Disordered Eating, Emotional Eating, The Body
Clients have come to me after years of suffering in silence, and some after years of ineffective interventions. I have been successful in this area in part from research and personal experience suffering from several eating disorders. I have done extensive reading on this subject and have an approach I offer my clients that is different than what they are used to.
I believe that any compulsive behavior, defined as that which is repetitive, unhealthy, unwanted, mindless, etc - is avoidance of Self. People learn to avoid themselves because the Self is made of and informed by emotion, and most have learned for some reason or another that there was no room for the emotions. Trauma, childhood neglect or abuse, growing up with someone whose emotions were out of control - these are just some of the reasons people learn to sweep their feelings and opinions under the rug. People learn overt and not-so-conscious ways of controlling themselves and interpersonal relationships only to find that painful patterns keep coming back and they are out of control of their harmful behaviors despite so much effort.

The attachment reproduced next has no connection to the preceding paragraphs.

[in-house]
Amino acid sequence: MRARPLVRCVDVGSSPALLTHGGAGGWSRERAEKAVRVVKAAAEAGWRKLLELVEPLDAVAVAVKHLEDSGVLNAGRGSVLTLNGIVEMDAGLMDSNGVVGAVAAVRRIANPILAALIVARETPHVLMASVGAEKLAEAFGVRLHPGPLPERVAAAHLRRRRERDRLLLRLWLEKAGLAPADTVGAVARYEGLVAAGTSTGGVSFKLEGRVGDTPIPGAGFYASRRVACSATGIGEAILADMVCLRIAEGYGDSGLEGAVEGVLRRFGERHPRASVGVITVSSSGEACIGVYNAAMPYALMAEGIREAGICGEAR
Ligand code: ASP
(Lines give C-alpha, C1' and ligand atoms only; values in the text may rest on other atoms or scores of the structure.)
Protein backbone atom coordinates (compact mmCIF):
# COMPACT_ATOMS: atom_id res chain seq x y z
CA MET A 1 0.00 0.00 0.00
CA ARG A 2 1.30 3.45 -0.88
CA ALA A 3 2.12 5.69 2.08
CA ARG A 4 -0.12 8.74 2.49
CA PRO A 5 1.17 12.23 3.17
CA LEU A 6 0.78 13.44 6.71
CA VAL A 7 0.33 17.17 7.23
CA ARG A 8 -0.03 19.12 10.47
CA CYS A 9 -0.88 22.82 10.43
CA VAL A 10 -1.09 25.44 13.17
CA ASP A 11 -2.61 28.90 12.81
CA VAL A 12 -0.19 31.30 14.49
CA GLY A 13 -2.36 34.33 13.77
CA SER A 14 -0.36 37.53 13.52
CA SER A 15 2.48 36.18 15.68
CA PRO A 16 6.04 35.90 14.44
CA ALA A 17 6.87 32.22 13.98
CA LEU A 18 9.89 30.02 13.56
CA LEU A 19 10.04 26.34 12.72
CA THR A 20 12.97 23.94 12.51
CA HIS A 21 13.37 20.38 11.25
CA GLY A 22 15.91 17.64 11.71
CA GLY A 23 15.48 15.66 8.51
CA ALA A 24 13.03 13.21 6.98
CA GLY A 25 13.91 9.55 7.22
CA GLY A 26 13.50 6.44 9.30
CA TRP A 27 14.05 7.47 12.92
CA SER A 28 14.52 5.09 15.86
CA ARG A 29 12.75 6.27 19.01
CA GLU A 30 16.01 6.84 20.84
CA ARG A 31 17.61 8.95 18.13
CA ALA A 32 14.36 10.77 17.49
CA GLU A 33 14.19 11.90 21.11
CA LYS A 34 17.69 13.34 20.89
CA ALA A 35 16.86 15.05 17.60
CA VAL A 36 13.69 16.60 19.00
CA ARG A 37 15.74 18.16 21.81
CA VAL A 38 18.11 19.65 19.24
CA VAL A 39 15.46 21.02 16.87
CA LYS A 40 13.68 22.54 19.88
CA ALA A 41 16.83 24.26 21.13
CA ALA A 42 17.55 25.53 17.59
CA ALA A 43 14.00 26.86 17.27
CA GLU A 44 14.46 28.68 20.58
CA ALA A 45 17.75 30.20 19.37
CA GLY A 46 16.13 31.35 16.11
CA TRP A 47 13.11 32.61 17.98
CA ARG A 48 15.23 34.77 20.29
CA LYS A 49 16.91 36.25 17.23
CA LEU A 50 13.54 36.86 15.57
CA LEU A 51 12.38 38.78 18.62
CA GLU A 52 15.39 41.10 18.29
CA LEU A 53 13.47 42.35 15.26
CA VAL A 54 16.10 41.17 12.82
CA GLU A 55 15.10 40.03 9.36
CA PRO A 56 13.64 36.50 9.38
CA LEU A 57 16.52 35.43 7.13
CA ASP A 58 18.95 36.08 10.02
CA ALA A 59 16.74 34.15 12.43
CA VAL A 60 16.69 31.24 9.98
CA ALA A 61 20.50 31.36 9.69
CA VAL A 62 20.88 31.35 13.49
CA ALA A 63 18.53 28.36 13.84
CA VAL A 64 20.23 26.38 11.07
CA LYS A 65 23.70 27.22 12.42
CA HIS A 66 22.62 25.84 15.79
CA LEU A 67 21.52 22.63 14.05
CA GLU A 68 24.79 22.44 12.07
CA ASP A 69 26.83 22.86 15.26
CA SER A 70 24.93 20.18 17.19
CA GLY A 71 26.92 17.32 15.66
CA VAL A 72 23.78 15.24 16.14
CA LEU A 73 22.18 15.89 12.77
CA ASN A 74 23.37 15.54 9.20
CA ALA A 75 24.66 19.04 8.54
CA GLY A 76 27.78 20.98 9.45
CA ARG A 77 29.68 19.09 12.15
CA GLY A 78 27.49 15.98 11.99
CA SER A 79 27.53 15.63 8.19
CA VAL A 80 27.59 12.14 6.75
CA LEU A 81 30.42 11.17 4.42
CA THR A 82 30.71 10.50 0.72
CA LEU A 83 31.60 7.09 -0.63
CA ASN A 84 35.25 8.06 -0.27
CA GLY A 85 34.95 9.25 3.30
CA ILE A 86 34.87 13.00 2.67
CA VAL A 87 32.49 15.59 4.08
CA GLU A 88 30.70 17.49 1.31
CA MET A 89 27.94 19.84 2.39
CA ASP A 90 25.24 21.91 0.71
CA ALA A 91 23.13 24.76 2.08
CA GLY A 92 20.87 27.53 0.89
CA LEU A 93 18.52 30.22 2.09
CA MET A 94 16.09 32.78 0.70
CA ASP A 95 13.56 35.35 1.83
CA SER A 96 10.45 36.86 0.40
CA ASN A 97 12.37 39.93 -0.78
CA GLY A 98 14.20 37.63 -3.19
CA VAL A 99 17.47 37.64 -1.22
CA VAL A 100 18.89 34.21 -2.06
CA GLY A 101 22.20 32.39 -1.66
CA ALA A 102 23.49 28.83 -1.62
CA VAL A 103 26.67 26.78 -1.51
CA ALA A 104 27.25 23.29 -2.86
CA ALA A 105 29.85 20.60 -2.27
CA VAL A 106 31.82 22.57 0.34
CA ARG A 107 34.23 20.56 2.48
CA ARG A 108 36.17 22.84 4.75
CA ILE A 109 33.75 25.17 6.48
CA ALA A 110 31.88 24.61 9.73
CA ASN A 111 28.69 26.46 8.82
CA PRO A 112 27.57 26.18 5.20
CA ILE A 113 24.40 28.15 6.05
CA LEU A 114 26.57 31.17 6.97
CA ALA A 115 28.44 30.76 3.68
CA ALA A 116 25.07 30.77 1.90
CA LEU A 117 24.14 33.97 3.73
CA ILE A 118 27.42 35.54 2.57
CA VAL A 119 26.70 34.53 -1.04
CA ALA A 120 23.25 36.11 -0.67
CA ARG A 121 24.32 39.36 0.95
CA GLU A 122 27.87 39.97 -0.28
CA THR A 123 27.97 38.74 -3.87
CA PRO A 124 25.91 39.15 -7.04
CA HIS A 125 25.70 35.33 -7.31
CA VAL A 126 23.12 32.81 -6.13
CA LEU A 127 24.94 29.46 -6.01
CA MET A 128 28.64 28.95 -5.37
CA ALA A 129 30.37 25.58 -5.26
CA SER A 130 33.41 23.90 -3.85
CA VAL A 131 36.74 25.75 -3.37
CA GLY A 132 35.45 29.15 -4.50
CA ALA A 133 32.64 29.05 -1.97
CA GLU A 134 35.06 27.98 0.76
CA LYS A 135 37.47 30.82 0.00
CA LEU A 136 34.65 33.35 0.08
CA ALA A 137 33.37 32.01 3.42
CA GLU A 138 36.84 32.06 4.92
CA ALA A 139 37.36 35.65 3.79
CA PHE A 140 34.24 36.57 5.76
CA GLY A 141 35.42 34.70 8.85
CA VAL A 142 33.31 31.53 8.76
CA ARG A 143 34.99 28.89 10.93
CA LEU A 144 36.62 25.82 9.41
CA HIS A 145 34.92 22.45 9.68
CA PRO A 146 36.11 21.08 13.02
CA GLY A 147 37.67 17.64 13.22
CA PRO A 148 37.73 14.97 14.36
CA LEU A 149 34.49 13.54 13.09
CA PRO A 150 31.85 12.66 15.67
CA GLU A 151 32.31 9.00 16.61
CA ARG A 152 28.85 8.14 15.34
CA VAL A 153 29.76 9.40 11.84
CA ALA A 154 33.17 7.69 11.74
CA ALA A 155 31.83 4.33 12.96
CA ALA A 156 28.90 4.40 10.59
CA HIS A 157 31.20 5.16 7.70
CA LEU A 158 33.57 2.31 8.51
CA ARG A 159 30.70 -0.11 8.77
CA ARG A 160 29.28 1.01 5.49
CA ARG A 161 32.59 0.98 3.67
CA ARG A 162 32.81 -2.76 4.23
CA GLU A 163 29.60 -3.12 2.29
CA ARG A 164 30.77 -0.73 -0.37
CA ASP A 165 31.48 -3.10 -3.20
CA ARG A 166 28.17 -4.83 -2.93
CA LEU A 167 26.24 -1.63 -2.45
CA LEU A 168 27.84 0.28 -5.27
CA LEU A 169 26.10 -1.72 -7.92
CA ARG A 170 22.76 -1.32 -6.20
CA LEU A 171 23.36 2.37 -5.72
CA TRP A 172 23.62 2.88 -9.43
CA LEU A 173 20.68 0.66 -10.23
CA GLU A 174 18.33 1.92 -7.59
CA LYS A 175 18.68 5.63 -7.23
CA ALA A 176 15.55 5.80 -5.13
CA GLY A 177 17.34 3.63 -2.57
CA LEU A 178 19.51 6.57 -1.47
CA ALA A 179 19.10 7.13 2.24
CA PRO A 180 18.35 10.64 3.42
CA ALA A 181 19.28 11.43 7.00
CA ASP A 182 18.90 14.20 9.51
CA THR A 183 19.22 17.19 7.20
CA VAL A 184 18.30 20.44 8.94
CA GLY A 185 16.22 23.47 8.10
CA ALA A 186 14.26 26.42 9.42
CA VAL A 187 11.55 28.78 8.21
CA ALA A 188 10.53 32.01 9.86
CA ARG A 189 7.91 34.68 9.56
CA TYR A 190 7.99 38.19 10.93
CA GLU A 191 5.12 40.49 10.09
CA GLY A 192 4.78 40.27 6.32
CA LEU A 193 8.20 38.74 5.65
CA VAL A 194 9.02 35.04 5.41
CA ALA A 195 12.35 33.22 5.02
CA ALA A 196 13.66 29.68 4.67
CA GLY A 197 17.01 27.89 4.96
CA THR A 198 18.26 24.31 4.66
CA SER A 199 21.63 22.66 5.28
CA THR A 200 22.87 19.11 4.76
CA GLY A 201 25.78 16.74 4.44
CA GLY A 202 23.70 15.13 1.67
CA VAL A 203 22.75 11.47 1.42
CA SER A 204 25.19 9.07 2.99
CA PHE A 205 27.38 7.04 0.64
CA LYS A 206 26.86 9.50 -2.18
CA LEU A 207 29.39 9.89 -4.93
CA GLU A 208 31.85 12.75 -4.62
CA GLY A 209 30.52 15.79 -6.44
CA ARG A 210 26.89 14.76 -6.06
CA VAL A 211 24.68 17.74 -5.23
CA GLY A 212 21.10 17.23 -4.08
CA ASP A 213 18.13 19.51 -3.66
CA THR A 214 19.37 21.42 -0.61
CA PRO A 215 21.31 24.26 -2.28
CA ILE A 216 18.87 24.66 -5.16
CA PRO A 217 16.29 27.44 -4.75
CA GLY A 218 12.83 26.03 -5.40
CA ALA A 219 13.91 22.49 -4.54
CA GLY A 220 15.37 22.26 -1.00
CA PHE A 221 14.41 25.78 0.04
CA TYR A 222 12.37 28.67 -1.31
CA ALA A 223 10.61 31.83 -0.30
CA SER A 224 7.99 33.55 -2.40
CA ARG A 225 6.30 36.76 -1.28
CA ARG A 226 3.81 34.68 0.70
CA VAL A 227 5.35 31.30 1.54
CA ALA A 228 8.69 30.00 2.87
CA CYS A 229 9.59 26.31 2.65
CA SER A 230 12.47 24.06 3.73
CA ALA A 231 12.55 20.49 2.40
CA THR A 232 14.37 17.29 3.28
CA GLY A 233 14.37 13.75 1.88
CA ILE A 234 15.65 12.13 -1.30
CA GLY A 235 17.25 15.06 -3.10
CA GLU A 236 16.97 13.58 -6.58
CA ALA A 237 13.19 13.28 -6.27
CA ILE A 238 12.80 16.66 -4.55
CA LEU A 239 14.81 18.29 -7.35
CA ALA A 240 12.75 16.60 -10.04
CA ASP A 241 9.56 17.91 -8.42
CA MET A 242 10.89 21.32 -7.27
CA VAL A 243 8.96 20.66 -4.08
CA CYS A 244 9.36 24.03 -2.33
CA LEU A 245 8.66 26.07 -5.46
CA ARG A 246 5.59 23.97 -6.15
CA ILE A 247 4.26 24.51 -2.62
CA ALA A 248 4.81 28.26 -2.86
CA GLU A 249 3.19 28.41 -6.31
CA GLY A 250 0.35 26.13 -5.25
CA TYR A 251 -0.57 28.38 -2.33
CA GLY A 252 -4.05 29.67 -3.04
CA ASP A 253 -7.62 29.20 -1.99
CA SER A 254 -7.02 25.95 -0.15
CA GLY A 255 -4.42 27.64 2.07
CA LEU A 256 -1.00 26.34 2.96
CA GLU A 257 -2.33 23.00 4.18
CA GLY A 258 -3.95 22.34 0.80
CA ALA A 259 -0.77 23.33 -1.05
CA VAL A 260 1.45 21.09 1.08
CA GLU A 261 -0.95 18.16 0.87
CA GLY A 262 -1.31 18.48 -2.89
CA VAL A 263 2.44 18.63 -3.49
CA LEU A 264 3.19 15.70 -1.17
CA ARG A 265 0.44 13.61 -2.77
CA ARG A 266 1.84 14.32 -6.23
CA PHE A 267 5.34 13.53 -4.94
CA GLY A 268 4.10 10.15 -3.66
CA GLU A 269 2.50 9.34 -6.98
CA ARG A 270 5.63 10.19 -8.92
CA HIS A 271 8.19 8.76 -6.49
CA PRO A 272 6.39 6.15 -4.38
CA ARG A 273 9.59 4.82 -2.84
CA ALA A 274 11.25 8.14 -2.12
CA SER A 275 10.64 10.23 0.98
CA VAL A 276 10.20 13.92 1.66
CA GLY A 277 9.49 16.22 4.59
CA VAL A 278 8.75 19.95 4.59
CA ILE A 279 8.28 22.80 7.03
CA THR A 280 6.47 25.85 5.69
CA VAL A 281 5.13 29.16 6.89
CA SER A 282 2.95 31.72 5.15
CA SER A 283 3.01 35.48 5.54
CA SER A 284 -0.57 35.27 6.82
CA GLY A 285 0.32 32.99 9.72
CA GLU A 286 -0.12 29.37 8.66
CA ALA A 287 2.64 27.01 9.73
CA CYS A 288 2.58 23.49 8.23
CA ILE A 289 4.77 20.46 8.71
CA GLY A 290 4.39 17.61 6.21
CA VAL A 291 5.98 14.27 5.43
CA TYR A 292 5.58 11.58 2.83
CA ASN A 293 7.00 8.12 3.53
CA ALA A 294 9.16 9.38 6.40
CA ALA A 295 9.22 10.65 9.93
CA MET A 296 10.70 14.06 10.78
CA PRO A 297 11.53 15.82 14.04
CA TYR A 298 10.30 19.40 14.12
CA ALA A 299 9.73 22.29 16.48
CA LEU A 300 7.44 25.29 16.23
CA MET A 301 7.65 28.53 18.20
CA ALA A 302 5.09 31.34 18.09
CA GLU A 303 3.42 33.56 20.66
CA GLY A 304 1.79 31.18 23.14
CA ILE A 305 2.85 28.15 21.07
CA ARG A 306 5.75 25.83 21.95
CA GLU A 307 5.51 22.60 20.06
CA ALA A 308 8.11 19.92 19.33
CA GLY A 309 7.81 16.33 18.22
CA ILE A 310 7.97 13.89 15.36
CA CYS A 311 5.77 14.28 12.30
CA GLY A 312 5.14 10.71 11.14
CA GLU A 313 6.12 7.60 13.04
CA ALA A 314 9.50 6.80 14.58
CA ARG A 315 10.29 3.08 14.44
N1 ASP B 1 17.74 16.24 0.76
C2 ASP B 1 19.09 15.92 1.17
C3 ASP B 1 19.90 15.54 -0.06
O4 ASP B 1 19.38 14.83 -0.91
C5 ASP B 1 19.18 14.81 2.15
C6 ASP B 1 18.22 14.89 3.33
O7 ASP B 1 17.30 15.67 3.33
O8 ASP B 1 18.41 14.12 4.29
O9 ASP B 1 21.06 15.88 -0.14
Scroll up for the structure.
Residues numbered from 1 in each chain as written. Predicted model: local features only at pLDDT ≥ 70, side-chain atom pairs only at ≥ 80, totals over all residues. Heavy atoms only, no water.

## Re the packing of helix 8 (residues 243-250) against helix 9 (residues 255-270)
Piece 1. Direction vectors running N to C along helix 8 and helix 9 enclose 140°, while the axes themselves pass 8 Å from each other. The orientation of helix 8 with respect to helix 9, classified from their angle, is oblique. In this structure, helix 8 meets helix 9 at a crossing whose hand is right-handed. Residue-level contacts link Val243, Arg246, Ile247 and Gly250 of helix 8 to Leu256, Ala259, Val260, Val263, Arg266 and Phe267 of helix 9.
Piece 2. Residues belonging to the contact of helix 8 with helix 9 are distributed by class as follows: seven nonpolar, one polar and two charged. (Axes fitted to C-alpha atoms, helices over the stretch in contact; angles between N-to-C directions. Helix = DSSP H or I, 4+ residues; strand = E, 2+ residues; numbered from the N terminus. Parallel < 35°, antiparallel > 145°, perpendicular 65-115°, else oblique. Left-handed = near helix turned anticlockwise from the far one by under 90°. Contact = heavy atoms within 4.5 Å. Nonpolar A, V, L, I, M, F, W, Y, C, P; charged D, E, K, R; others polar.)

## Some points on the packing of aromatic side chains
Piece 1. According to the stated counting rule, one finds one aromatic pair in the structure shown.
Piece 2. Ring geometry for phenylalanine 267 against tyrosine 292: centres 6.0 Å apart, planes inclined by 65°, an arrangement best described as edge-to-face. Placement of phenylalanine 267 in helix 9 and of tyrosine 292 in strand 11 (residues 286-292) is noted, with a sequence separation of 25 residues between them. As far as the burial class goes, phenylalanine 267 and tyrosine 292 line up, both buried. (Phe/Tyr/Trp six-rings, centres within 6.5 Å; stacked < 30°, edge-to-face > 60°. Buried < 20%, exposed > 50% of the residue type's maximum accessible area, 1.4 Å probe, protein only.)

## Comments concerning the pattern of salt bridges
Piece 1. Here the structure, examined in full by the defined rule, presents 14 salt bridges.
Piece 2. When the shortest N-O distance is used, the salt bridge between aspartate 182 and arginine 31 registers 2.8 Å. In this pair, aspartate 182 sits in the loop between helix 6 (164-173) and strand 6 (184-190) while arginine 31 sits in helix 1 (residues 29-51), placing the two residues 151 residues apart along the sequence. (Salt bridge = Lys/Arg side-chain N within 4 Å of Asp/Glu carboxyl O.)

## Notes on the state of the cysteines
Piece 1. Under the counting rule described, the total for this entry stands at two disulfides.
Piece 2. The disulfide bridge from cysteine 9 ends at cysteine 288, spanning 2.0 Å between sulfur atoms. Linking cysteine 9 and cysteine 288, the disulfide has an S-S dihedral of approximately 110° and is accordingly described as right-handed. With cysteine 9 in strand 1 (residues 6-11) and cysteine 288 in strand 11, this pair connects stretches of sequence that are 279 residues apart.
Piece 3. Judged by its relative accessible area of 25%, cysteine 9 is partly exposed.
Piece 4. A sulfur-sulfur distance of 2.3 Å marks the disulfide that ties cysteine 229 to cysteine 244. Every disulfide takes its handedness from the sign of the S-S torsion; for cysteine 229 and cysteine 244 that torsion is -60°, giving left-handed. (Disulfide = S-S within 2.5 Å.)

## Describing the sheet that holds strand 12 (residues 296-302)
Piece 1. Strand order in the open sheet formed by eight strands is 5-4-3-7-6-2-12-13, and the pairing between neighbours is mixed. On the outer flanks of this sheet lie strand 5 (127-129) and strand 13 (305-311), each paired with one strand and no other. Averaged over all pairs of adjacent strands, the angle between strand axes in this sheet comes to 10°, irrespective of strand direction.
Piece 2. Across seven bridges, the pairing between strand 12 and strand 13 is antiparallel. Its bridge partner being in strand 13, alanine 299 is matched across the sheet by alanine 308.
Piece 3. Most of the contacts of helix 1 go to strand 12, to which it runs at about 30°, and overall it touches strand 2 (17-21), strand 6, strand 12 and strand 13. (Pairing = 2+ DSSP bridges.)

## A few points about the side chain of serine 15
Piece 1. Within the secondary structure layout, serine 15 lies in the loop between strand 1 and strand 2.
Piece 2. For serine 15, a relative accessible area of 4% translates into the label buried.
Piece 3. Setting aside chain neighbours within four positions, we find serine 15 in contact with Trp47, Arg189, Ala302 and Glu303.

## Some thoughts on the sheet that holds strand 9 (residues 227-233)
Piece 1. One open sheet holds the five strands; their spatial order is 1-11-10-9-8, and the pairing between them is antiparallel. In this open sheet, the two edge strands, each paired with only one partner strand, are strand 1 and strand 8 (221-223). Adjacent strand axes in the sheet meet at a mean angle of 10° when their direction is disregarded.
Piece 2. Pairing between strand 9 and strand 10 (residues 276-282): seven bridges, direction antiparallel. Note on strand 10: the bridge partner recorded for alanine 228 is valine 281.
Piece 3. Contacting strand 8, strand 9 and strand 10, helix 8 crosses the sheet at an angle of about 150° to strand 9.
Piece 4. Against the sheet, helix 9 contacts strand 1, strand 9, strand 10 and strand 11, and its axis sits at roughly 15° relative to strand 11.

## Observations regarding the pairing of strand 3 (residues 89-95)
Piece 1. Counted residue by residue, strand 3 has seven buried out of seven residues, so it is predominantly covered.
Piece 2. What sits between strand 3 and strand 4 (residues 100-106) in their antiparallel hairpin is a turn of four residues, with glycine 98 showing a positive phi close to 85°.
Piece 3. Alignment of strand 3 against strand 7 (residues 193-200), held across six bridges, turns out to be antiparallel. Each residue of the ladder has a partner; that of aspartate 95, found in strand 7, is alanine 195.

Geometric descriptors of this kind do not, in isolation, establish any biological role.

Without addressing underlying social learning about emotion, teaching new ways of coping with feelings, and changing the way people think about themselves and others, there can be no real healing from eating disorders. Whether it is body hate, counting calories, denying the self nutrition - its all the same. These obsessions take us away from healthy relationships with our Selves, with food, with out bodies and with others.
Yup, therapy for eating disorders tends to be a bit difficult and long term. It takes more time to feel understood and to be understood when emotions and vulnerability are repressed. I will take my time. Yup, sometimes people give up - quitting therapy by rejecting the therapist is a good strategy to avoiding emotion and vulnerability. I will be here if and when you come back. Yup, I can handle it. We can make change together if you are committed and ready to bravely look at and accept not your thighs, but your cries, whether they are of anger, for help or in grief. Lets do this.
Shirley Katz, Ph.D.
Shirley is a Psychotherapist, and Actor and a Dancer, who recovered from Bulimia and Anorexia and has written and presented extensively on her success in working with people with all kinds of unhealthy patterns in relationship to food and the body.